During a sunny March morning, a team from the Virginia Department of Forestry (VDOF) and the Virginia Department of Agricultural Consumer Services (VDACS) toured an exciting mass timber construction project in downtown Charlottesville, Virginia. The building will eventually house the headquarters office of Apex Clean Energy – a locally-based wind and solar energy company – as well as headquarters for Hourigan Development and Riverbend Development.
Architects at William McDonough + Partners designed the building to be constructed using mass timber products – a catch-all term for engineered wood materials used in construction, such as cross-laminated timber (CLT) panels and glued-laminated (glulam) beams.
Contemporary mass timber construction has become an increasingly desirable option for sustainability-focused clients. Eric Ross of William McDonough + Partners explained that his firm works with a number of clients – both in the United States and internationally – that choose mass timber construction for sustainability, function, safety, and aesthetics.
Mass timber structures serve as sustainable carbon solutions throughout their entire lifecycle. Trees grown for mass timber products are a renewable resource; they will capture and store carbon until they are harvested, at which point new trees are planted to replace them. The resulting wood products, such as boards and beams, will continue to sequester carbon for decades beyond the harvest.
The use of mass timber materials goes beyond the lifecycle as a building. Typically, when a building reaches the end of its use, it’s demolished and the debris is sent to a landfill. Wood materials in mass timber construction are prefabricated and assembled in ways that extend their usefulness – certain materials can be disassembled and reused in the wood industry.
Concerns about fire protection once limited the use of timber in certain tiers of building codes – a legitimate concern (as wood is combustible) that mass timber manufacturers have taken seriously. Frequent fire rating studies have demonstrated that mass timber materials meet or exceed standards for fire safety in certain tiers of construction. Because the laminated beams are so thick, only the surface will char when against flames. The standard glue used in CLT and glulam products contains fire retardants to protect against longer burning fires. The manufacturers continue work to improve the efficacy and environmental impact of chemicals in the glue.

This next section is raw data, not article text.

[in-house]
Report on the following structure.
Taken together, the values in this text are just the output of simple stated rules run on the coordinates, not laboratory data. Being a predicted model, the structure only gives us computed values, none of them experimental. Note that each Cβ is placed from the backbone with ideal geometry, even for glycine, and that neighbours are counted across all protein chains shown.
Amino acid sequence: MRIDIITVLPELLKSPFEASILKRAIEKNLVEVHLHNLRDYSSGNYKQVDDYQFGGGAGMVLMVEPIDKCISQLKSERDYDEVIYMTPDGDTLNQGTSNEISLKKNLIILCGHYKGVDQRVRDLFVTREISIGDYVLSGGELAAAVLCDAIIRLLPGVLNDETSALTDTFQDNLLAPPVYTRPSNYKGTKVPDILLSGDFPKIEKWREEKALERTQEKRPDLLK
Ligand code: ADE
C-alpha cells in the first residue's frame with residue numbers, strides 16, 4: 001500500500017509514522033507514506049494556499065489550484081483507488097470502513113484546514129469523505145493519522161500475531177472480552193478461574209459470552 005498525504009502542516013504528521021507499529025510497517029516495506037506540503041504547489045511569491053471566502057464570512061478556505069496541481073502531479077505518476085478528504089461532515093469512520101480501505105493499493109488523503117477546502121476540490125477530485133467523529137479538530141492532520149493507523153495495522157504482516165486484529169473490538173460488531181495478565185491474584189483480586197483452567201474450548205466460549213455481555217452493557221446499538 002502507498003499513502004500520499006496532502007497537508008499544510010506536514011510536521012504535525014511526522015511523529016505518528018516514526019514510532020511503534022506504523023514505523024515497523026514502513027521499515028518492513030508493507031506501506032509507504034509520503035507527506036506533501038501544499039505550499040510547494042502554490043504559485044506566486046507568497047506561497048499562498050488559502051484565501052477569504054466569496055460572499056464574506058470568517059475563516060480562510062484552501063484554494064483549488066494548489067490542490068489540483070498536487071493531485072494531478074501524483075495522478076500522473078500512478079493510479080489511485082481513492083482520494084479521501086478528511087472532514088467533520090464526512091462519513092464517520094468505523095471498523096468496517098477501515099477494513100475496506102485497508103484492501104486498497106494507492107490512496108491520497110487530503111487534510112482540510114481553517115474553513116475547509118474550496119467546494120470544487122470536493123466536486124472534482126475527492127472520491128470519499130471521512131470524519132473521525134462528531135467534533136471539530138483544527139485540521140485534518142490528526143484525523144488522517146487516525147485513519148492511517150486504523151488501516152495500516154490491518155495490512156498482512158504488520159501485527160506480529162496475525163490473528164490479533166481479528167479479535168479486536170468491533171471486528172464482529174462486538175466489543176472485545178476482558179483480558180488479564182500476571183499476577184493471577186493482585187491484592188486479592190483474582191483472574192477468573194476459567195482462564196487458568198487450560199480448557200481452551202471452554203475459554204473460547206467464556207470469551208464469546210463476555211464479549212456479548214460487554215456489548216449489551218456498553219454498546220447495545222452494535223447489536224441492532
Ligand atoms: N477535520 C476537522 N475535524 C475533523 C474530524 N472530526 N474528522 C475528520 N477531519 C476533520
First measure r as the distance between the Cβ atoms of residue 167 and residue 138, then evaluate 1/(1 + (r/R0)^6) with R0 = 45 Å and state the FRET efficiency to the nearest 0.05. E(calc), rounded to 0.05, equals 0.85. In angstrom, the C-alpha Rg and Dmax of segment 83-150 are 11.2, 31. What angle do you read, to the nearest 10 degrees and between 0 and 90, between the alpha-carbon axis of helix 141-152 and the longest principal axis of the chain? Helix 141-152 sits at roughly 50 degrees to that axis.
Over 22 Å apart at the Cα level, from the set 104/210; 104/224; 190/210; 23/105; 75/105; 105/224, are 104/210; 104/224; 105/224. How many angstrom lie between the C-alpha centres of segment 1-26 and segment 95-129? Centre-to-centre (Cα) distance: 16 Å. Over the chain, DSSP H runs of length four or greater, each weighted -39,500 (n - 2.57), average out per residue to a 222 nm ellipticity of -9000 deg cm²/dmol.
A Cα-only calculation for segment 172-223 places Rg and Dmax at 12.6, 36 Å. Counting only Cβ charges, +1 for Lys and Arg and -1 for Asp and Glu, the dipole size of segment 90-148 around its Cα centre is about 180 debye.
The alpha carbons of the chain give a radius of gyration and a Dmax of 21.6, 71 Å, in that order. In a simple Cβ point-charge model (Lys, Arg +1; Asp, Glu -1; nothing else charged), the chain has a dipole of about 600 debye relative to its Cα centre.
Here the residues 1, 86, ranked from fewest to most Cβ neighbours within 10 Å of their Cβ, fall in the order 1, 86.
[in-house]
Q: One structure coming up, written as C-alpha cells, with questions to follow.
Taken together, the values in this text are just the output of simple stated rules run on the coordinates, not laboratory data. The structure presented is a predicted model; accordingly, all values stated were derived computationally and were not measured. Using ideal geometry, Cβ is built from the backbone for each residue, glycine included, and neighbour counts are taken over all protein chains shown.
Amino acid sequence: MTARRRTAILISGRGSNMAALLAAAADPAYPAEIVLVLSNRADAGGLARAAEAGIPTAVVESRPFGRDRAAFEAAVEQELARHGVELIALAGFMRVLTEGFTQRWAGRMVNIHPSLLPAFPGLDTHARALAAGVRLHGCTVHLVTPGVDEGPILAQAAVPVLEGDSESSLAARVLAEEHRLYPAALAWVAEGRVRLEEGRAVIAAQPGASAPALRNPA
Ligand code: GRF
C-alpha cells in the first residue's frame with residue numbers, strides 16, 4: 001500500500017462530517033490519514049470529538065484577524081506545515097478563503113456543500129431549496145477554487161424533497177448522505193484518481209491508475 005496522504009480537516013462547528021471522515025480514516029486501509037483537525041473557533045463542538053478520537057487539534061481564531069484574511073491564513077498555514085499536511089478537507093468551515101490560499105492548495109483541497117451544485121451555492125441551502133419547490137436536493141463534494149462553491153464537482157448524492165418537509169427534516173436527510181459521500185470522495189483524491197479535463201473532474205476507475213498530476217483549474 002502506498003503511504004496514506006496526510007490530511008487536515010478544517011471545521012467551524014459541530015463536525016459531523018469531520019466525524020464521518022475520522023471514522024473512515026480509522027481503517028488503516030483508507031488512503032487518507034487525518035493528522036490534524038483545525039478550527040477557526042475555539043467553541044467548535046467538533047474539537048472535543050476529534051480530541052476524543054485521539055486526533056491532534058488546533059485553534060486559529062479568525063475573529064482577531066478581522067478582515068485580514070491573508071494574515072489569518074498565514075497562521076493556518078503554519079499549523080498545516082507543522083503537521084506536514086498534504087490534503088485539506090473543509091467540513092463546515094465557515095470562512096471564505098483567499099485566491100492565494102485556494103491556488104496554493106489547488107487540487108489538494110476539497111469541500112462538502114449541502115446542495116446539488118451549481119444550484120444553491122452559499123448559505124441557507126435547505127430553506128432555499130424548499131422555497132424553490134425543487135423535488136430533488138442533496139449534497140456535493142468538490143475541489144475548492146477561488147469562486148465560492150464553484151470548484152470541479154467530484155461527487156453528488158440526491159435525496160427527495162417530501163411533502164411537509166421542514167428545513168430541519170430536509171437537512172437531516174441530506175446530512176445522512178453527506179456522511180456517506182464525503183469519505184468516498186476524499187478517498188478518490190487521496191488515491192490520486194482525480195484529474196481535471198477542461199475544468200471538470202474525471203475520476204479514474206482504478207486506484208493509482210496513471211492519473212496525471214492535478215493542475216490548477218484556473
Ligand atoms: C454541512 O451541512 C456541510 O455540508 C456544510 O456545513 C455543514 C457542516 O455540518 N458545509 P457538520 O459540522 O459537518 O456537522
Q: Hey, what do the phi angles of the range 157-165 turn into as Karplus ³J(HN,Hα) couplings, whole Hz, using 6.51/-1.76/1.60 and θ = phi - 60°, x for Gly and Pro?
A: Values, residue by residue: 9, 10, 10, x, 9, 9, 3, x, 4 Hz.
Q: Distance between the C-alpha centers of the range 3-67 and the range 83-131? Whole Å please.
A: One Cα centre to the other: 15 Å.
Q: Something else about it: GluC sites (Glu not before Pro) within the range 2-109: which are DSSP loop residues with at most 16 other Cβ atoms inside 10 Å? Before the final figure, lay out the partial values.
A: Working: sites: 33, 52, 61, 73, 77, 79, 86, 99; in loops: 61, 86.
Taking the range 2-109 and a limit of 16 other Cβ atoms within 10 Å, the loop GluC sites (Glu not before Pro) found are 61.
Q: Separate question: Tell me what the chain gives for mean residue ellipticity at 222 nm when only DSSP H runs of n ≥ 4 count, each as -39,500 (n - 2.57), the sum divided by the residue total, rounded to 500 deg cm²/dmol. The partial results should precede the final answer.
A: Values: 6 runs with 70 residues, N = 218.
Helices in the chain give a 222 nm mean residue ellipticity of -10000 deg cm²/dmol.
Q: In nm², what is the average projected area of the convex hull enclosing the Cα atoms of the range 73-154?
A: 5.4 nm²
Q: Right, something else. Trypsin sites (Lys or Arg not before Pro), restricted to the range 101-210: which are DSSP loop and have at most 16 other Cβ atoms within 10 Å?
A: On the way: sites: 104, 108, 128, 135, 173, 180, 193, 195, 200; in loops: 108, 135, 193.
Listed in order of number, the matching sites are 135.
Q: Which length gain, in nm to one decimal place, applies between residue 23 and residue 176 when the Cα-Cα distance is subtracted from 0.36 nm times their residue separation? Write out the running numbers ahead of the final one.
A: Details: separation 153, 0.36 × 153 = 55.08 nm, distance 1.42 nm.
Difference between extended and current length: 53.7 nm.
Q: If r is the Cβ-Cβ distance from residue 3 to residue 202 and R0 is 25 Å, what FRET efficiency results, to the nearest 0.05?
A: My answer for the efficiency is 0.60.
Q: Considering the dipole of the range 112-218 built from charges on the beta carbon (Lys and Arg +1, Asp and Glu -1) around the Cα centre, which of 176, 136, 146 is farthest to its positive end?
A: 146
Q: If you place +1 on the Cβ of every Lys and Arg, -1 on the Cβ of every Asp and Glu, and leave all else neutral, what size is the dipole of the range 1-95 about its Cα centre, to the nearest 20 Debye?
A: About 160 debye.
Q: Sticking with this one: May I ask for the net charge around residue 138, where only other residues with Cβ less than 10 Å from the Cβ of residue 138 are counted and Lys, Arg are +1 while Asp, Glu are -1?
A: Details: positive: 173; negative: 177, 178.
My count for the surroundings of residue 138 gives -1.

So, what’s it like working with CLT and glulam in construction? The Apex building project team agreed that cost and effort are comparable to using other materials (such as steel or concrete), and in some aspects easier or quicker. As projects become more common, everyone learns and the process improves, says Ross.
Because mass timber is rising in popularity, you need to lock in requests for prefabricated materials very early on in the process. The prefab nature of the materials inherently requires plenty of up-front design work and limits the ability to make changes during construction; but the structures can also be erected more quickly. The necessary collaboration and engagement among building owners, architects, designers, manufacturers, and construction crews ultimately results in superior project outcomes.
Depending on the region, crews with experience in mass timber construction may be readily available. But even working in areas where the workforce is new to mass timber construction has not presented notable obstacles for construction crews. As mass timber becomes more common, the project managers said they expect that sourcing skilled workers will only get easier.
The wood in the Apex building will largely remain exposed as a design feature – a notable benefit of working with CLT. Building owners of mass timber structures often decide to leave portions of the wood (such as structural beams and ceilings) exposed for aesthetic purposes. This saves both time and cost during the finishing process.
The wood used in this structure is black spruce sourced from Canada. Both the VDOF team and the building crews believe that mass timber has a strong future in the southeastern United States, where native softwood species are comparable to black spruce.
Given how much foresters love trees – and by extension, wood – it’s no surprise that the VDOF team was enthusiastic about seeing this distinctive project in person. “Quite simply, it’s really exciting to see such a large structure being built with wood in our state,” says Virginia’s State Forester Rob Farrell. At six stories and more than 130,000 square feet, the Apex building will be the tallest mass timber structure in Virginia. “I’m looking forward to seeing more of this construction in our region and for Virginia to serve as a leader for sustainable mass timber production,” says Farrell.